As Failed Coups Go, Turkey Isn’t That Unusual

Only a minority of coups staged over the last 70 years were successful

Mourners at a service for victims of the thwarted coup in Istanbul. — Getty Images
Jul 17, 2016 at 11:12 AM ET

Turkish President Recep Tayyip Erdoğan continued to tighten his grip on the country on Sunday—two days after armed rebels tried to seize power in what turned out to be the latest in a string of failed coups worldwide over the last century.

Just 41 percent of 550 coups staged between 1946 and 2015 were successful, according to the Virginia-based Center For Systemic Peace, which defines a coup as a success if the self-appointed leaders manage to hold onto their new position of power for at least one month after a power shift.

On Sunday, Turkey was still reeling from its attempted coup d’etat by an armed faction. At least 265 people died, including civilians, police officers, and coup supporters, after army vehicles attacked buildings in the country’s capital Ankara and blocked bridges in Istanbul on Friday night, Reuters reported.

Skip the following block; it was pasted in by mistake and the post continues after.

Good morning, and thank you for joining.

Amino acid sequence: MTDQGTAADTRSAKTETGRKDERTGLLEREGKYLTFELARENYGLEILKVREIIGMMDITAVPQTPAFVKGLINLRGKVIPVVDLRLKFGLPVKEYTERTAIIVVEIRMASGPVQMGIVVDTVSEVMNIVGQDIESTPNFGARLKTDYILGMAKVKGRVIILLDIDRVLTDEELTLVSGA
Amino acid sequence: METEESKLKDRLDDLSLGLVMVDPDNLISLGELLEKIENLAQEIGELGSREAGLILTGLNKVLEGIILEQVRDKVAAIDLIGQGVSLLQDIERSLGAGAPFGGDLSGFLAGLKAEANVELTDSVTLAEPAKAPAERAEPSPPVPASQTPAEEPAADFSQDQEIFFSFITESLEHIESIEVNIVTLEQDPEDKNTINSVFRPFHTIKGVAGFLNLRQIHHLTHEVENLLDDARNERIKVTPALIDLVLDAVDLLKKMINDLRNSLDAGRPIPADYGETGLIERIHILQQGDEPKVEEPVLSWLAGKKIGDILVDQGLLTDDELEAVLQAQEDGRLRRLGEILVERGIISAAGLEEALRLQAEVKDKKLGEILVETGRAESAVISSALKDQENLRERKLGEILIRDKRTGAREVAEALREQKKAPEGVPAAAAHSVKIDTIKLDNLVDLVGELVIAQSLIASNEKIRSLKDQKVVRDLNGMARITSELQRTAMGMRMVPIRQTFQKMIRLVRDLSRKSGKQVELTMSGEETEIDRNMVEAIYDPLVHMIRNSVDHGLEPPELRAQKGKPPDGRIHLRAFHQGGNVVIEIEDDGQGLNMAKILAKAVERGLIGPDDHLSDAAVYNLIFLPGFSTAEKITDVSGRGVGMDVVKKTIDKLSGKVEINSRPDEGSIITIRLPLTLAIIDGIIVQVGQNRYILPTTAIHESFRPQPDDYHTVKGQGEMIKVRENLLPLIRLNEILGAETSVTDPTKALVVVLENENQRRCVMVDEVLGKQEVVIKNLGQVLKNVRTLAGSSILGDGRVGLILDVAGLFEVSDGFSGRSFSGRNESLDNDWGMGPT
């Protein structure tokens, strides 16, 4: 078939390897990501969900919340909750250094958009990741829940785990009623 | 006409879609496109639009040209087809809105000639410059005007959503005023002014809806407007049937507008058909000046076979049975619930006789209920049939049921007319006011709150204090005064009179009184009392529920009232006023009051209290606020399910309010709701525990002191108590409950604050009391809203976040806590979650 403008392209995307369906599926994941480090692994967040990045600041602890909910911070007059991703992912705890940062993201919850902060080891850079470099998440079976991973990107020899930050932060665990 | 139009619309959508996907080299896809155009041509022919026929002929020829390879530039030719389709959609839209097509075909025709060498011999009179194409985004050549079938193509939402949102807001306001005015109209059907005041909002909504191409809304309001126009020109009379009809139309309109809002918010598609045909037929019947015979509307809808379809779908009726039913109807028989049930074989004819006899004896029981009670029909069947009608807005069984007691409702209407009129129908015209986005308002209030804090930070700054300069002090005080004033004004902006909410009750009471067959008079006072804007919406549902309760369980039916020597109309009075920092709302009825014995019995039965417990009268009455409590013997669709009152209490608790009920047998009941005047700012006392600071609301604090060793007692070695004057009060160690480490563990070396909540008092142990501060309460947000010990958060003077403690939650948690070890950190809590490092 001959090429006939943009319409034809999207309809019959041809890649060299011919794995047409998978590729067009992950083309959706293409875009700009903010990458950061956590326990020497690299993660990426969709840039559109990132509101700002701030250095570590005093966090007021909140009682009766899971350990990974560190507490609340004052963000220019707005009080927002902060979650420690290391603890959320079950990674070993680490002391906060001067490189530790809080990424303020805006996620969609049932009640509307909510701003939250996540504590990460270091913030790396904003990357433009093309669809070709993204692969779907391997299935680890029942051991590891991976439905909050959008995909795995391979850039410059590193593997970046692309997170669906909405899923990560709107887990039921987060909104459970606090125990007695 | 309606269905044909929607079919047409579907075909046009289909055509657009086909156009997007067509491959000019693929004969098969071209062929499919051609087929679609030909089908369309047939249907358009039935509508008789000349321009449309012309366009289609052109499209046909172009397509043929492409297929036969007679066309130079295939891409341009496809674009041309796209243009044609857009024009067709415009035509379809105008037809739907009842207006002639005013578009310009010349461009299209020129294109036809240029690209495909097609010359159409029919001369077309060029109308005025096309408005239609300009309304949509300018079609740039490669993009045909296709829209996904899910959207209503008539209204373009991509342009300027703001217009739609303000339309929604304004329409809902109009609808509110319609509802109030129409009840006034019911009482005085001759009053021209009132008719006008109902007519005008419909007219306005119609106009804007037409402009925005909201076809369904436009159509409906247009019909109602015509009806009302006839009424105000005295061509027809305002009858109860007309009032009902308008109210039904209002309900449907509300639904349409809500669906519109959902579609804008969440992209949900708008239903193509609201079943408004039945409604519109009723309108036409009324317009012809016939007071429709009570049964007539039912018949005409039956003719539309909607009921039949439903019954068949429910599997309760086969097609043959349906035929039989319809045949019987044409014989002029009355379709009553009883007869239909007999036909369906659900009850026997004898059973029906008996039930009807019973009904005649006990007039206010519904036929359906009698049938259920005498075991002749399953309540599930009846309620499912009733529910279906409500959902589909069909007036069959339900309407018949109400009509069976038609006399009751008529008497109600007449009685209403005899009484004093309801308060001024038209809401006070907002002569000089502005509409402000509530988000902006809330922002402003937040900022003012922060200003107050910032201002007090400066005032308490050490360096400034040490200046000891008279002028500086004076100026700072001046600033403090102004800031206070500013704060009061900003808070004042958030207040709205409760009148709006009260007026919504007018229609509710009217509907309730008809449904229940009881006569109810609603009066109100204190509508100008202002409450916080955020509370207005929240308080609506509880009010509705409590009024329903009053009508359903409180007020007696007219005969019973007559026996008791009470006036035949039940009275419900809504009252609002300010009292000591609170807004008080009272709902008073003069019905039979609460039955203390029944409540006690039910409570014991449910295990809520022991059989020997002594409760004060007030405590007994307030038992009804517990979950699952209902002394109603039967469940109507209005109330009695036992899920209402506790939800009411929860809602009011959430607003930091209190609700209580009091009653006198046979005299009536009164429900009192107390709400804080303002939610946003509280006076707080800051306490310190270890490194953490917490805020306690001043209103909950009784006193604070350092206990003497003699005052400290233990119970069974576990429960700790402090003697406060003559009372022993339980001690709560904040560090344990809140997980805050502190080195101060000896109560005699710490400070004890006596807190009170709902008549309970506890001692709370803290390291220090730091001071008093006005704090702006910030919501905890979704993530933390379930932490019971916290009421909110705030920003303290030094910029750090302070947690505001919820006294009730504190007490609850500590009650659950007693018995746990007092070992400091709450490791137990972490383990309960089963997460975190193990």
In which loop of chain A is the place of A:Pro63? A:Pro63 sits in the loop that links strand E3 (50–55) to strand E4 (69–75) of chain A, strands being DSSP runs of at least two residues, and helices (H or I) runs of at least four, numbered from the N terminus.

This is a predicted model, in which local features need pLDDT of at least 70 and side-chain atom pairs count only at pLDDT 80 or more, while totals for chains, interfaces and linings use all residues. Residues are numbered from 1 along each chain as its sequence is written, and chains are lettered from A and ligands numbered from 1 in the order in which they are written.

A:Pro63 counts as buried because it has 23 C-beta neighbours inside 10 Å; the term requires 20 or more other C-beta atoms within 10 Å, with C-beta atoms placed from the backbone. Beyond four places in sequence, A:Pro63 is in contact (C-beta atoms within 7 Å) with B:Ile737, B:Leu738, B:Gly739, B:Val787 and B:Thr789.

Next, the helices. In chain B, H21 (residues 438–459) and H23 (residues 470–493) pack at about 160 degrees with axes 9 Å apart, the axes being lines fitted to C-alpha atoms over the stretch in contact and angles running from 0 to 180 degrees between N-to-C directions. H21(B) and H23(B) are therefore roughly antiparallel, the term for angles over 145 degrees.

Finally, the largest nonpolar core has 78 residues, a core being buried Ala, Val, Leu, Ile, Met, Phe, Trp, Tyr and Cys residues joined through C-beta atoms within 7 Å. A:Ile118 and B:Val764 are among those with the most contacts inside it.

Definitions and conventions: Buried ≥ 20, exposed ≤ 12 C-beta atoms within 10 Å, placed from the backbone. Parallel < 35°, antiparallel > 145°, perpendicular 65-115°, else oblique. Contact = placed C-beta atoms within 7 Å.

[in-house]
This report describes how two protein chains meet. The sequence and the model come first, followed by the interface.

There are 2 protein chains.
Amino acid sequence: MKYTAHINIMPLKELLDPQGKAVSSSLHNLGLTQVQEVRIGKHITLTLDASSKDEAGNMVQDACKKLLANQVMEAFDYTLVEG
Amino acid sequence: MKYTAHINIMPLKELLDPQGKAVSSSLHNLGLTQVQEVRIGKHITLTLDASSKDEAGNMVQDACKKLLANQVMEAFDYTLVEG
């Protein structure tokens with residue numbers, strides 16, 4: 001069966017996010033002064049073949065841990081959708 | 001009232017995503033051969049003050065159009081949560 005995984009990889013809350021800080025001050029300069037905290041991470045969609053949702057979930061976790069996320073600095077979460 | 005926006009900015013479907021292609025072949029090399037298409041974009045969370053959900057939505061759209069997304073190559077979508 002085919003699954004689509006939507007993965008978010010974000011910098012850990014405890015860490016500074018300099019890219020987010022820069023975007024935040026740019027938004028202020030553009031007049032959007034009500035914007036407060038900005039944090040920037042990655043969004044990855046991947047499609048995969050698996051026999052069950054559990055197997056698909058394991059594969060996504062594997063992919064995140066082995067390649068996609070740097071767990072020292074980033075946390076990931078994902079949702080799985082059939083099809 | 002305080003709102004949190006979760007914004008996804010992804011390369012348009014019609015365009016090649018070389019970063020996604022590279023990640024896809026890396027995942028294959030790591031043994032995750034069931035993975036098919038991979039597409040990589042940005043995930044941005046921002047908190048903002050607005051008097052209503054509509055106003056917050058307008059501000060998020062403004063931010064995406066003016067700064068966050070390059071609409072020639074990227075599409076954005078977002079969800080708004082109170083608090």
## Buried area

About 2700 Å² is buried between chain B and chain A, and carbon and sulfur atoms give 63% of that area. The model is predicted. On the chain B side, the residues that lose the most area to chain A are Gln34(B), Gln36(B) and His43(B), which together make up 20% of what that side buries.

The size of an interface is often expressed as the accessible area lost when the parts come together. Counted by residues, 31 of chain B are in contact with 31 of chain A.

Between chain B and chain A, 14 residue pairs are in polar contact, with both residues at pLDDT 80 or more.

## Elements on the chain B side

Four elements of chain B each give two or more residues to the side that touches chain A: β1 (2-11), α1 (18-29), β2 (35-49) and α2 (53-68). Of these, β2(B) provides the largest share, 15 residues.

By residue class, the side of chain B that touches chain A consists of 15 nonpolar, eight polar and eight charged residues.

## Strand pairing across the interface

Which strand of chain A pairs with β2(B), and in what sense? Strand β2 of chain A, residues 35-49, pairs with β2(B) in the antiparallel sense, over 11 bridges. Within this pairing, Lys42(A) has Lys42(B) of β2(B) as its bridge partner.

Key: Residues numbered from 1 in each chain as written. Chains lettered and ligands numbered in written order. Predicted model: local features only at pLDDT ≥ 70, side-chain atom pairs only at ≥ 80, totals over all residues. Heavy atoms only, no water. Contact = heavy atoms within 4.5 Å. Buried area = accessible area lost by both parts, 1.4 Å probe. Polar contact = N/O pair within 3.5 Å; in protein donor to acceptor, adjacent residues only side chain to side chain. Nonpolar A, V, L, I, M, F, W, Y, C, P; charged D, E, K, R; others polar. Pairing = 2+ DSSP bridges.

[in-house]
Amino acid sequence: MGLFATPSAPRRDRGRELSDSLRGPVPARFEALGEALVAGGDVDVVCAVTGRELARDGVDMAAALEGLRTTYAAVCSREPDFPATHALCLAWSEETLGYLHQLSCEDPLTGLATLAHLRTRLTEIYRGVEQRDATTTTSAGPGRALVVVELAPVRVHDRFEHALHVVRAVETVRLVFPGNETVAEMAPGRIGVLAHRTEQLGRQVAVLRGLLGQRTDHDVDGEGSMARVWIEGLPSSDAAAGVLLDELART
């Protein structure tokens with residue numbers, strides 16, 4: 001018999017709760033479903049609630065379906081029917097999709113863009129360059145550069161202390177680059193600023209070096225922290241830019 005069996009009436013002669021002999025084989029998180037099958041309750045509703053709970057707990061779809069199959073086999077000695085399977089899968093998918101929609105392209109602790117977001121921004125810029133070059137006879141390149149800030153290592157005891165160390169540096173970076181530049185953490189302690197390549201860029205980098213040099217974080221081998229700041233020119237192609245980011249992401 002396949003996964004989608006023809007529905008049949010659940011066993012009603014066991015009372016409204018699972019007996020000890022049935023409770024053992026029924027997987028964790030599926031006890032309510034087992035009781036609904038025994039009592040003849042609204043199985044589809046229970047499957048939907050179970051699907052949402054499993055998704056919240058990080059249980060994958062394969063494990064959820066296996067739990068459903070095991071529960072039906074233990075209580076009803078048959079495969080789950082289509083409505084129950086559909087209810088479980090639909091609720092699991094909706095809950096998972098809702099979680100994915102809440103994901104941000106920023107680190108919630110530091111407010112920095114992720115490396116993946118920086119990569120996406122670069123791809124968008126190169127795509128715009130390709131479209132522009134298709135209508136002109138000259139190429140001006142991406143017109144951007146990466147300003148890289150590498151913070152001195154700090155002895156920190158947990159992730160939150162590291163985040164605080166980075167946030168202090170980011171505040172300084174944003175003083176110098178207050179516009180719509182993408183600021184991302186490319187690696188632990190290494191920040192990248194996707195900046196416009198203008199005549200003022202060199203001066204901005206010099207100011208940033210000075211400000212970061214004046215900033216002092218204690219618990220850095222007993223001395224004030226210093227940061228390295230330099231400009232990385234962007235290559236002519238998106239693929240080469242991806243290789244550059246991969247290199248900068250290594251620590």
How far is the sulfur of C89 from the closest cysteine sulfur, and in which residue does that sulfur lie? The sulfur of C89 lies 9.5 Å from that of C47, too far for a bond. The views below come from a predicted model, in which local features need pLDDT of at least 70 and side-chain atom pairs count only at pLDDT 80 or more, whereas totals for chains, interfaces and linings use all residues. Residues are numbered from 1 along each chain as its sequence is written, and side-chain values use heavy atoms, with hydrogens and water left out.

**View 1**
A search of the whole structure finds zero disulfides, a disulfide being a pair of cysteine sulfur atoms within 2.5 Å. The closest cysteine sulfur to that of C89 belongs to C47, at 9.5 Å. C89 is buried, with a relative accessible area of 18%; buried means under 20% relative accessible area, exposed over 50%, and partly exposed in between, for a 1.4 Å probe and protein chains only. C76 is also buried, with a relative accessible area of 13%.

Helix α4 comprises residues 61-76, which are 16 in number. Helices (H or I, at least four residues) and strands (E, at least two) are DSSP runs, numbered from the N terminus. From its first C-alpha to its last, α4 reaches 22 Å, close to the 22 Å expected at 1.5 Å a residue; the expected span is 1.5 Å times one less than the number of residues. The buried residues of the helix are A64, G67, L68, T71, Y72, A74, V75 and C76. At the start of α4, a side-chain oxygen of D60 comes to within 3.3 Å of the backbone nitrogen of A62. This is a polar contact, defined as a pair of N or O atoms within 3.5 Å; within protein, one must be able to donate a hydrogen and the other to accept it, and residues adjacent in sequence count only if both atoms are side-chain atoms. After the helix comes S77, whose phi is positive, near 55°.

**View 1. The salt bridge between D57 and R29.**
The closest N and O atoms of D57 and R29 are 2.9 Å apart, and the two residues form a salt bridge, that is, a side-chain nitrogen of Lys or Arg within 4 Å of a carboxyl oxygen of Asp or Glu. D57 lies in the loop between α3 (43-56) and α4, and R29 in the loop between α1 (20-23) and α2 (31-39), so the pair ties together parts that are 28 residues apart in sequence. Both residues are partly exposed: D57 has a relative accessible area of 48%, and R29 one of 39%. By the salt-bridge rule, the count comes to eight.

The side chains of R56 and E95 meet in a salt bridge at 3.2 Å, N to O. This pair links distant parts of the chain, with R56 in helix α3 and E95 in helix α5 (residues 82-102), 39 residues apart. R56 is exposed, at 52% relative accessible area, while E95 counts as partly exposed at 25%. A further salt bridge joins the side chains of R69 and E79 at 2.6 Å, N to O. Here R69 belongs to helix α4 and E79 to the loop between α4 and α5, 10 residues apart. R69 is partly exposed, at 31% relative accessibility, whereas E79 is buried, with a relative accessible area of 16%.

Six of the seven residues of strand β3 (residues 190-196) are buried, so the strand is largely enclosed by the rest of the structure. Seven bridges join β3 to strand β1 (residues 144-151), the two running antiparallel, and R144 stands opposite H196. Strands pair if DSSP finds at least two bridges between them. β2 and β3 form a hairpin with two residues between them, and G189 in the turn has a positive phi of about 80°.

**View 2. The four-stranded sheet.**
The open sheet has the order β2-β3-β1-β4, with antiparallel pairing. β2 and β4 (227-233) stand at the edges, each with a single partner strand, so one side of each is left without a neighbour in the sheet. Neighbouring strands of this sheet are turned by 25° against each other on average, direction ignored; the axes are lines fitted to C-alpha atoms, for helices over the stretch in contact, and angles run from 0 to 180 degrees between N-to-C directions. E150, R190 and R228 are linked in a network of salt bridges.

Erdoğan’s government said nearly 3,000 military members, including senior officers and foot soldiers, were arrested in connection to the group attempt. Reuters also reported that almost 3,000 members of the Turkish judiciary were detained over suspected ties to religious leader Fethullah Gulen, whom Erdoğan blamed for orchestrating the coup. Gulen and Erdoğan are former allies who split in 2013. Erdoğan has repeatedly blamed Gulen for trying to undermine his authority.

Some conspiracy theorists believed the attempted coup was “theater” aimed at strengthening Erdoğan’s authority, but many others threw their support behind the leader. Tens of thousands of tweets posted across the Middle East in the wake of the failed coup showed admiration for the president.